Jrue Holiday, an indispensable part of the Boston Celtics’ run to the NBA Finals, has a Bible passage tattooed on his left forearm.

It’s Philippians 4:6-7, which talks about finding peace through faith in God.

“Don’t worry about anything; instead, pray about everything. Tell God what you need, and thank him for all he has done. Then you will experience God’s peace, which exceeds anything we can understand. His peace will guard your hearts and minds as you live in Christ Jesus,” the passage says.

For Holiday, the verses have served as a guide to life, including to a basketball career, according to The Boston Globe. They help him stay calm, connect with others and make a positive impact on the world.

“I don’t know why being a good person is so weird to talk about or weird to be,” Holiday told The Boston Globe.

Related
What Boston Celtics coach Joe Mazzulla has said about his faith
This app wants you to pray, not doomscroll

Jrue Holiday’s family

Holiday credits his parents with teaching him about faith and helping him connect with God.

During NBA Finals media days earlier this month, he spoke with reporters about being taught to see his family’s success on the court as a blessing, rather than something they achieved on their own.

“It’s a blessing from God,” he said about being in the NBA along with his brothers, according to NBA writer Marc J. Spears.

Spears later spoke with Holiday’s parents about their view on the situation. Like their 34-year-old son, they put the spotlight on God.

“I believe it’s a lot of prayer. It’s God’s gift. … I know one of the scriptures we stand on is in Deuteronomy that says God said that if you keep my commandments, I will bless you. And I just really believe that our children believe that. We love God,” Toya Holiday said, according to Spears.

Holiday has also talked about how a health scare that happened when his wife, Lauren, was pregnant with their first child deepened his faith.

He told Sports Spectrum in 2018 that he and Lauren, a former soccer star for the U.S. women’s national team, drew closer to each other and to God as they prepared for the early arrival of their daughter and an operation to remove Lauren’s benign brain tumor.

“I don’t know if it sounds cliché or whatever, but I felt like a lot of times when something bad happens, that’s where you can start to seek God more. Again, some people veer away from Him but at that point I felt like because my wife and myself are both believers, we (prayed) together and that’s something that we could just do together,” Holiday said.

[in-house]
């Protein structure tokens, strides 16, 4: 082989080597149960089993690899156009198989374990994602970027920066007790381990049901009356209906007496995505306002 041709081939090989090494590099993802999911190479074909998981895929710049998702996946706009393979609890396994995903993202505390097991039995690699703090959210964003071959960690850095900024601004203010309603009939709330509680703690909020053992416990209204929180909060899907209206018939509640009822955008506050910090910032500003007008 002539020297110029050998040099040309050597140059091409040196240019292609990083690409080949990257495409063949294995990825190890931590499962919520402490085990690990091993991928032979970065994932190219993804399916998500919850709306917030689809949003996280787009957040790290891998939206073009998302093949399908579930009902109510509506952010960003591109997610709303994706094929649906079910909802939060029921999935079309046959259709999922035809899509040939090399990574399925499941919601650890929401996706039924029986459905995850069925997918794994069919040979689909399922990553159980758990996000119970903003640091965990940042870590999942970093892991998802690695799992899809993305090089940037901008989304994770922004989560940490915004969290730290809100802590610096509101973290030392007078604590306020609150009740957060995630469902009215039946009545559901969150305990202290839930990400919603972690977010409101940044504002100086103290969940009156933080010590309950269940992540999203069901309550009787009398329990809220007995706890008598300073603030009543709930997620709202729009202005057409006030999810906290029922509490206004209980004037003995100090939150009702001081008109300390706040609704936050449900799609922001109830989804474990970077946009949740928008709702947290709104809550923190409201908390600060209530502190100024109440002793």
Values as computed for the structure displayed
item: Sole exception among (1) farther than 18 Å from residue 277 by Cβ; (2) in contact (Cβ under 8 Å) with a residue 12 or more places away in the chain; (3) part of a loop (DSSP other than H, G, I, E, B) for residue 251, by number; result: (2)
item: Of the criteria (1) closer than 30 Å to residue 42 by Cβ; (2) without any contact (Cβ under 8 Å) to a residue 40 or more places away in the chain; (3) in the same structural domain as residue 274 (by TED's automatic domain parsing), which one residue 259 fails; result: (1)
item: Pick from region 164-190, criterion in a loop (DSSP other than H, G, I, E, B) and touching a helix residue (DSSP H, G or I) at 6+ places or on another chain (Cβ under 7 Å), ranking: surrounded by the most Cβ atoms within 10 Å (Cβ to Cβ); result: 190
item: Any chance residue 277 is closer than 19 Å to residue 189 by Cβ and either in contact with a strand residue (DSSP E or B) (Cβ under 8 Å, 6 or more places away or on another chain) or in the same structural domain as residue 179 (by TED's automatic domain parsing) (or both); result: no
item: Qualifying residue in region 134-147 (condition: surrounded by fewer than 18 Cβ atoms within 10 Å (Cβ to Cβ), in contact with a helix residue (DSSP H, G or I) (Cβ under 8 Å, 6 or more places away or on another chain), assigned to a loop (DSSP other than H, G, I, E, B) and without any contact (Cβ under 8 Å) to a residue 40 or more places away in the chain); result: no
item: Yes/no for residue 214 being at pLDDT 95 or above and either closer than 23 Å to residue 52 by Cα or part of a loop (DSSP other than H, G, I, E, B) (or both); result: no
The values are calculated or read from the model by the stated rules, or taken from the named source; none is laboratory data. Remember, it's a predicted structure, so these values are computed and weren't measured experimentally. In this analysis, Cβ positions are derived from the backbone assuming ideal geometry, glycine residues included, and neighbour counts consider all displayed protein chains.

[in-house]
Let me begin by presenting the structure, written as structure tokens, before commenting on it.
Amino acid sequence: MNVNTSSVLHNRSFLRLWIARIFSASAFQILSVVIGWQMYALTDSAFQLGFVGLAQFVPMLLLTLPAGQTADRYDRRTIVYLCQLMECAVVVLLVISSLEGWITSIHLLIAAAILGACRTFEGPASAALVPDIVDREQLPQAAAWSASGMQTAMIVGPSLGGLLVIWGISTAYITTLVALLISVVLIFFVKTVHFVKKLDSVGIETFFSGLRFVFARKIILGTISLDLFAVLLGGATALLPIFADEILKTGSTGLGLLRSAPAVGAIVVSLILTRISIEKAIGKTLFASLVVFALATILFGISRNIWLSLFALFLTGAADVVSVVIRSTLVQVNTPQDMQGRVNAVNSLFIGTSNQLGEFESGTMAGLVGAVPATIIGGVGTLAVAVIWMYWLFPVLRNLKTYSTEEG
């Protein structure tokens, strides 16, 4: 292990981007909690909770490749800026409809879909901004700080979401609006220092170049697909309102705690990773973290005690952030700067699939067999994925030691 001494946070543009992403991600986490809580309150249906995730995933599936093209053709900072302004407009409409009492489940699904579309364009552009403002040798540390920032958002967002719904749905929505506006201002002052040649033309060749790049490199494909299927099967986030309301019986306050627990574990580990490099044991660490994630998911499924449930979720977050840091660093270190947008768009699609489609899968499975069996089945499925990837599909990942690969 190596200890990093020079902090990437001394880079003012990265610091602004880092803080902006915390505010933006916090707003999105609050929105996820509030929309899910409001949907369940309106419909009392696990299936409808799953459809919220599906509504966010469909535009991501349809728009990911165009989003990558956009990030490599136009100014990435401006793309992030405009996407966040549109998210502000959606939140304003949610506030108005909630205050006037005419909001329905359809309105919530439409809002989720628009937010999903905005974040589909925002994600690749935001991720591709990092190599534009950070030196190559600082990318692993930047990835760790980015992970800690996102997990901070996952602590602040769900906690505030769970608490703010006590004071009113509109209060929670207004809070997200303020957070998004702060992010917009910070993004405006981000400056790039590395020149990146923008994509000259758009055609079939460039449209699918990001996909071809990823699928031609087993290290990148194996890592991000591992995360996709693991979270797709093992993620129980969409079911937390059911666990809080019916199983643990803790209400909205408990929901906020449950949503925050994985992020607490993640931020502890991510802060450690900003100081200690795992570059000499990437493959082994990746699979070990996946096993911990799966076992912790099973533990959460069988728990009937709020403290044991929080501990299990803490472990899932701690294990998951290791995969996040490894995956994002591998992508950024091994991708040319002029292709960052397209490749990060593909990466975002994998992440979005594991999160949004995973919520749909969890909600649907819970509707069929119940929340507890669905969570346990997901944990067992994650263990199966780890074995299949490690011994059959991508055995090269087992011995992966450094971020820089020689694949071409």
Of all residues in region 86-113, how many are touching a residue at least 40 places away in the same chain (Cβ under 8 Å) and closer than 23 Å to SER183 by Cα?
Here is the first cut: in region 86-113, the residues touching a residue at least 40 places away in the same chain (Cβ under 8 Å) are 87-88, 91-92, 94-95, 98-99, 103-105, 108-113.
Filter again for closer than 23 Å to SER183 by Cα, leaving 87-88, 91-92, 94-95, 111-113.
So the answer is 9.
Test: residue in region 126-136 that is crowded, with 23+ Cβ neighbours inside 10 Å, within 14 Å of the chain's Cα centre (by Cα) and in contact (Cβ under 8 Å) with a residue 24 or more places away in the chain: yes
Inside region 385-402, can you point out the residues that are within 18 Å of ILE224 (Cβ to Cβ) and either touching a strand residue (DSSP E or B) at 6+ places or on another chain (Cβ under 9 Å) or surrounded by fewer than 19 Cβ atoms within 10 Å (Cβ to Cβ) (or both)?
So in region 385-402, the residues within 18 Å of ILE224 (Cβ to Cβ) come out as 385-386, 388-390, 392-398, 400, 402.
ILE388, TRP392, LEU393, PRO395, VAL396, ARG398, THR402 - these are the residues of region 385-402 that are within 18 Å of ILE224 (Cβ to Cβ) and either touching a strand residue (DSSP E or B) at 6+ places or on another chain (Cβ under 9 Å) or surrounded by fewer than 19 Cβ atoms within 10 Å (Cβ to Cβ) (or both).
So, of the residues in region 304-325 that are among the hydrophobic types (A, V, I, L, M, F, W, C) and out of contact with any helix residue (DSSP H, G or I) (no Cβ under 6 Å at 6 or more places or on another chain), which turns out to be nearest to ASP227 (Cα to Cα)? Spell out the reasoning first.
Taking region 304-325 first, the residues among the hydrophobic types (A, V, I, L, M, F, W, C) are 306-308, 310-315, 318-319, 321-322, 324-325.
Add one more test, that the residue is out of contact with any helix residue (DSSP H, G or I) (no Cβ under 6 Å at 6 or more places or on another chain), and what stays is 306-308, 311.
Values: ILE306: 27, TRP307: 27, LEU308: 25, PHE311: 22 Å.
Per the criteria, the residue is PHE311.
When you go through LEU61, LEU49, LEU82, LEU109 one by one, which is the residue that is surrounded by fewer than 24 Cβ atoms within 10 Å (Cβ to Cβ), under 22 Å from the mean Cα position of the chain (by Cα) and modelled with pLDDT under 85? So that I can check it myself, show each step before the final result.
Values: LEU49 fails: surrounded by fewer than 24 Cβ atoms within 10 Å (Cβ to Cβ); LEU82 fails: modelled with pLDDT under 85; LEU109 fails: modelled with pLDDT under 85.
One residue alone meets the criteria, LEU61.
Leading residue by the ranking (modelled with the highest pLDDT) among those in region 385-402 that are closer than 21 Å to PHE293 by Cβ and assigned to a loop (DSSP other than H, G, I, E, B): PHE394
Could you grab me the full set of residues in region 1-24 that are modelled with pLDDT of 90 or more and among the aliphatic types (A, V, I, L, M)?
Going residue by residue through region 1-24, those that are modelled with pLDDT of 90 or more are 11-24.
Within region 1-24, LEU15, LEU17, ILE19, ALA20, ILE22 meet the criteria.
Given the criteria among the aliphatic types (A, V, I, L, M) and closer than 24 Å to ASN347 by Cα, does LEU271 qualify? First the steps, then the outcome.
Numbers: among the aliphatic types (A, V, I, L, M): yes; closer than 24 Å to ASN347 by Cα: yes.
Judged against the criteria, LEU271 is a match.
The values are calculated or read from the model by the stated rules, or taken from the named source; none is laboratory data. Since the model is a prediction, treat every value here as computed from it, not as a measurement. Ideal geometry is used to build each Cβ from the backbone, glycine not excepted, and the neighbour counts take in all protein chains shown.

He added that he’s come to see God as a miracle worker.

“He is a miracle worker and just to be able to have faith in that and to have peace with whatever decision He makes because ultimately it’s up to Him and it’s not up to us,” Holiday told Sports Spectrum.

Dallas Mavericks guard Kyrie Irving, center, goes up for a basket against Boston Celtics guard Payton Pritchard, right, and guard Jrue Holiday (4) during Game 3 of the NBA Finals, Wednesday, June 12, 2024, in Dallas. Holiday's Bible verse tattoo is visible on his left forearm. | Tony Gutierrez

Jrue Holiday’s religion

Today, Holiday openly discusses his faith in interviews and on social media. Before Game 2 against the Dallas Mavericks during the NBA Finals, he wore a shirt that said, “Jesus is coming back,” according to Spears.

He also partners with a Christian prayer app called Hallow. He promotes their work and has written for them about his own prayer life.

View Comments

Celtics coach Joe Mazzulla, who is Catholic, told The Boston Globe that he got to know Holiday through his Hallow prayers before they met in person.

“I would listen to his prayers; I got to know his heart,” he said.

Holiday told The Boston Globe that focusing on his family and his faith community brings him peace.

“I get a lot of peace from my family. I get a lot of peace from being spiritual and going to church but also having a spiritual relationship with my wife where she can also help me,” he said. “I’m a basketball player, but that’s not all that I do. I’m also a father. I love music. I love different cultures. I love different foods. There’s a lot of things I can find love in and that’s what I’ve tried to do.”

Join the Conversation
Looking for comments?
Find comments in their new home! Click the buttons at the top or within the article to view them — or use the button below for quick access.